BY FR. BRIAN ZUMBRUM, OSFS
20th Sunday in Ordinary Time | August 19, 2018
As many of you are aware, last week we were reminded once again of our Church’s deepest failings as the Grand Jury Report was published in the state of Pennsylvania.
And I must admit, this report was particularly difficult for me.
For the man who was my inspiration for entering the priesthood.
The man who showed me how a minister of our faith could love unconditionally was accused.
The swirl of conflicting emotions has been overwhelming. Confusion over whether or not this accusation was true. Anger. Disbelief. Grief.
But the one heart wrenching truth that I kept wrestling with is that this man that I loved and who loved me in return may have committed unspeakable harm to another child of God.
What do I do with that?
What do we do with the evil that exists with our very selves and the ones we love?
What do we do with the evil that flourishes in our country and in our Church?
The litany is almost beyond what one can bear.
Abuse and deceit
Arrogance and abuse of power
Shameless protection of one’s own status and institution at the expense of the most vulnerable
Violence and torture
Often in the name of God. Blasphemy of the highest order.
What do we do with this?
I know what I want to do. I want to say I’m done. To walk away. Away from the confusion and the mess. The pain and the evil.
Because I’m tired.
And I’m only one person. One person standing in front of a darkness that seems so vast and impenetrable
And I don’t think I’m alone. I scroll through my Facebook posts and see one anguished post after another. Questioning why they stay. Explaining why they’ve thrown in the towel. Explaining why they’re done.
It was with this heavy heart that I sat down to reflect on the readings for this weekend.
And I could not help but resonate with the second reading and its blunt reminder that these days are evil.
But then I got to the Gospel and I was suddenly reminded of a truth that had eluded me in these dark days.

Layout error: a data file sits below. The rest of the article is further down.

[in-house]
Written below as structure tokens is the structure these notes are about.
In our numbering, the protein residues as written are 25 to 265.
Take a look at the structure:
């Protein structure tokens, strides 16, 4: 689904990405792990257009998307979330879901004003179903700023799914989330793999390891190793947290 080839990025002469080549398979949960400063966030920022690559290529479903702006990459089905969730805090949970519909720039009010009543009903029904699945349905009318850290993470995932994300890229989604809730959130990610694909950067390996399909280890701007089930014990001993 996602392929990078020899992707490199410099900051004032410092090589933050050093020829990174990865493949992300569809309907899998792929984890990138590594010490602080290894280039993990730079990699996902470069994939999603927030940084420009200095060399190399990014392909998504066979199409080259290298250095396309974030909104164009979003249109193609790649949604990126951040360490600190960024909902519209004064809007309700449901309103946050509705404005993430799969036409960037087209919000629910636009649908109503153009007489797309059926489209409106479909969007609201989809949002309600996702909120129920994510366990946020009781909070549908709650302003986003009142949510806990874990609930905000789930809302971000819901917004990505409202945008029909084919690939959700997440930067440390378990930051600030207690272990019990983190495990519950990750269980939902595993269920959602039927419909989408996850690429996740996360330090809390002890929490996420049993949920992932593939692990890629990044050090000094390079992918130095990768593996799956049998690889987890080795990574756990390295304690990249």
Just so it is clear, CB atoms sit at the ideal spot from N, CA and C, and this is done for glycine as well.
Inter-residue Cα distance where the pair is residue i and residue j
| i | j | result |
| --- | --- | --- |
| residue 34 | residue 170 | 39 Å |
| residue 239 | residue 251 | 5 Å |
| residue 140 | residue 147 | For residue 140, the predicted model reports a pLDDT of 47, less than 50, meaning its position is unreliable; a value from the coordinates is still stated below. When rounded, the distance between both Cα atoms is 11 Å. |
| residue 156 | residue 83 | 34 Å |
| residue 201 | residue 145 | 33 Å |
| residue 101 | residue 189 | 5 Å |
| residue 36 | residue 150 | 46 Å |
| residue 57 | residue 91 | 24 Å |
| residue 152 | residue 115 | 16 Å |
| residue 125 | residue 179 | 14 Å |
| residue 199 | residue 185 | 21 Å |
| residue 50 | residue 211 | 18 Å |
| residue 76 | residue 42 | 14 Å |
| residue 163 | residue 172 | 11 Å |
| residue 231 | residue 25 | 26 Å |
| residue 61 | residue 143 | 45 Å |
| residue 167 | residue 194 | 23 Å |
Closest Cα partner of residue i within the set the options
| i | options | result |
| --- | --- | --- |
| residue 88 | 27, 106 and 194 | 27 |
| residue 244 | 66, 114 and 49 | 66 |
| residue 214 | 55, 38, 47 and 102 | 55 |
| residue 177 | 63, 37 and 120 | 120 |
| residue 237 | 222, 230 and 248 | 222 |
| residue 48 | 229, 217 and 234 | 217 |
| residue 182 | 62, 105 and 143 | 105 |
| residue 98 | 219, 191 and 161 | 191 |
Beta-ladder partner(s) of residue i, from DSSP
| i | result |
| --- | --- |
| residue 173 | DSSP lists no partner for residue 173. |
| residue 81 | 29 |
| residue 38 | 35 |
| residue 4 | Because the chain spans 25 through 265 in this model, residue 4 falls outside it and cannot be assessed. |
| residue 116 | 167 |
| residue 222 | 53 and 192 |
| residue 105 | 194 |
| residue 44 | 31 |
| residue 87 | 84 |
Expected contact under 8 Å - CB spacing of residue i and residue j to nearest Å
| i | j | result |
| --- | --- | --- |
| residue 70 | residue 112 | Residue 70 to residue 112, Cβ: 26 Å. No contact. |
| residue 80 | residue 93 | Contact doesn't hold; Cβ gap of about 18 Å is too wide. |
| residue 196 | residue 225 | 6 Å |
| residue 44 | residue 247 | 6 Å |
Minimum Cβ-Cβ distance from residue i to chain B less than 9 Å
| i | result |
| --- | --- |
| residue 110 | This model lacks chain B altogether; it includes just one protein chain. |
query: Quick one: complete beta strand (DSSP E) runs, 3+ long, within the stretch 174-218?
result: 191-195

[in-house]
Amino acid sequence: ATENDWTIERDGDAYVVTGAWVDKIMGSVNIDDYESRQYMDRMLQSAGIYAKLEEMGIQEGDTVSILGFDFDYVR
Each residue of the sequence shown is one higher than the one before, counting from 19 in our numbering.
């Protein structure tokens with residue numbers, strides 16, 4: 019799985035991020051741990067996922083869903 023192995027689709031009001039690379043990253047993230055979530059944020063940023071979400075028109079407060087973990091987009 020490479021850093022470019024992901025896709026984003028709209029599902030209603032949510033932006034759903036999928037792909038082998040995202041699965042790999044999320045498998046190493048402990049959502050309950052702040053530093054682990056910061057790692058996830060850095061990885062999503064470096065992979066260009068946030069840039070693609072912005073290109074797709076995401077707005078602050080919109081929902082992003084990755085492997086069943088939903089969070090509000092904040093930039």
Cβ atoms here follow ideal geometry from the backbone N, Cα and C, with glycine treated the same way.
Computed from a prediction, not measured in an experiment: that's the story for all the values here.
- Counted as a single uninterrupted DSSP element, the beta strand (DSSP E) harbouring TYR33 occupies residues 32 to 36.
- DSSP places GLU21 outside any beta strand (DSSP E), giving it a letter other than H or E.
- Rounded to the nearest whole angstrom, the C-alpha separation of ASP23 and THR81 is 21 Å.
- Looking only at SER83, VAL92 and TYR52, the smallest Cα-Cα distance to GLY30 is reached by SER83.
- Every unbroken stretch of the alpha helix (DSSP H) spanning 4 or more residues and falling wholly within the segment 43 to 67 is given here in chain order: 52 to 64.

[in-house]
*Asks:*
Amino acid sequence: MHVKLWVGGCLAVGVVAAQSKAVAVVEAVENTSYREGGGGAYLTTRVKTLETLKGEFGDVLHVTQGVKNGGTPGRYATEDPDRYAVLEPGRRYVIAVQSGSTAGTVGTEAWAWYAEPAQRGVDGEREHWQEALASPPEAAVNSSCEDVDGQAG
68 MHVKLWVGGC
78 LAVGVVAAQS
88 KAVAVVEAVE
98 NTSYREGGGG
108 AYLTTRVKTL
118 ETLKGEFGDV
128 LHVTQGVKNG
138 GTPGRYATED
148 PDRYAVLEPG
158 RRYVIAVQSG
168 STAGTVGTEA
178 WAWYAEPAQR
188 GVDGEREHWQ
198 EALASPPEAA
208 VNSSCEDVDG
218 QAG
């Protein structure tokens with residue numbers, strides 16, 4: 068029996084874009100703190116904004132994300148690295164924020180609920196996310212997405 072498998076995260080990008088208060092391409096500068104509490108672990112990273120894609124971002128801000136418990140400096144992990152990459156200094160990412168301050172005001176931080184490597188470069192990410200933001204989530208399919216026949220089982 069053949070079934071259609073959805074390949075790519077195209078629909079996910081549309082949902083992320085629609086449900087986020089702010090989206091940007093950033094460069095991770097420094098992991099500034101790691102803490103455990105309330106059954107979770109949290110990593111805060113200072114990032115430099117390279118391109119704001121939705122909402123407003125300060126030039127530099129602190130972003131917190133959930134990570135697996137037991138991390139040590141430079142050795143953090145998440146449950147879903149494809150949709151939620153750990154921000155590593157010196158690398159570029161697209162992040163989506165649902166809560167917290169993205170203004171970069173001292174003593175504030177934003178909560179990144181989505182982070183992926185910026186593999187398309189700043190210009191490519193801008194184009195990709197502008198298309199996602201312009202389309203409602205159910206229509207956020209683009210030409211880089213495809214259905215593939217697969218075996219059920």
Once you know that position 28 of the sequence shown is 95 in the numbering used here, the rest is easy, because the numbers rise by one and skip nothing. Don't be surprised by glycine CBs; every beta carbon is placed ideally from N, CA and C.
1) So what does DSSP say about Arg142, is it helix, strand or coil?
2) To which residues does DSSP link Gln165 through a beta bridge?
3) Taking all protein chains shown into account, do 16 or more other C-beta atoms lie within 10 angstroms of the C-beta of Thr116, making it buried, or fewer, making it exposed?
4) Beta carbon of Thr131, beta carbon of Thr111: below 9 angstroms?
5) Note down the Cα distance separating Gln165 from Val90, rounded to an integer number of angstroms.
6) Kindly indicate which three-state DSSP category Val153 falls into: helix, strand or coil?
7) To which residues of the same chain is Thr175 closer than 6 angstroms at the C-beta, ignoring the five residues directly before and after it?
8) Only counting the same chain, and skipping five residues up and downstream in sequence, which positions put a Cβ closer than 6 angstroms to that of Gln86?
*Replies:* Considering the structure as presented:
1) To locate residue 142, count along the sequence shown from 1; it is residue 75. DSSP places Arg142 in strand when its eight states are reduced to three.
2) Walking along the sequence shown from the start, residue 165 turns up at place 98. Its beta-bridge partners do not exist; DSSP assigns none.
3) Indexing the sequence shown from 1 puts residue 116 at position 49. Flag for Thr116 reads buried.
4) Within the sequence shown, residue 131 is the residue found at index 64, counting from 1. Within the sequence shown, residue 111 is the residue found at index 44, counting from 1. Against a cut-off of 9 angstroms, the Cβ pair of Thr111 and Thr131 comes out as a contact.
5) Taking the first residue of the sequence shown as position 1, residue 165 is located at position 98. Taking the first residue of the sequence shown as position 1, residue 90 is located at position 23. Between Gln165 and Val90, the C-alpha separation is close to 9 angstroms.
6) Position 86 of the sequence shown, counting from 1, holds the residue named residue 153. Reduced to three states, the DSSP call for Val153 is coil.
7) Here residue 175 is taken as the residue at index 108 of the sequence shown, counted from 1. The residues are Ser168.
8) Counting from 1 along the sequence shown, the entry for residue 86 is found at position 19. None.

Which is that Christ offered his flesh to us.
Flesh that would be battered and bruised. Flesh that was not perfect.
For it was flesh that was permanently scarred by the forces of evil that would nail him to a cross and pierce his very side.
And yet, it was still this flesh that he offered for the sake of us, his children.
Because Christ did not walk away from us. His beloved sisters and brothers. He chose to become one with us, knowing what that would mean. The cross.
Trusting in the God in whose image he was made. Trusting that God would remain faithful, even in his darkest hour.
And therefore, he was unafraid to stand before the darkness, to stare evil in the face. And then to empty it of its power by a radical act of love and forgiveness.
And in so doing, he left us, his disciples, with a course to follow.
When we gather around this table, we are invited to partake once again in his body and blood, broken and shared for us. And in so doing, we too are invited to share in all of our humanity, its goodness and its brokenness, its tremendous capacity for evil and its endless potential for redemption.
We too are invited to stand before the darkness, to stare evil in the face. And then we too are called to empty it of its power with our own radical acts of love and forgiveness.
To extend compassion to each and every member of the Body of Christ who has been bruised and broken by one of our own.
To fight for justice for those without a voice. To be their rock and their shield in their moments of vulnerability. To speak the word of truth to those in the halls of power and demand they be held accountable for their actions, regardless of whether those halls be found in bishop’s offices, governor’s mansion or Fortune 500 boardrooms.
And to maintain hope. That our God is still with His people. That our God is still faithful.
We may be standing before the darkness my friends. But the sun shall rise again.
Let us be found waiting for the dawn, with hearts ready to love and forgive again.
May God be Praised.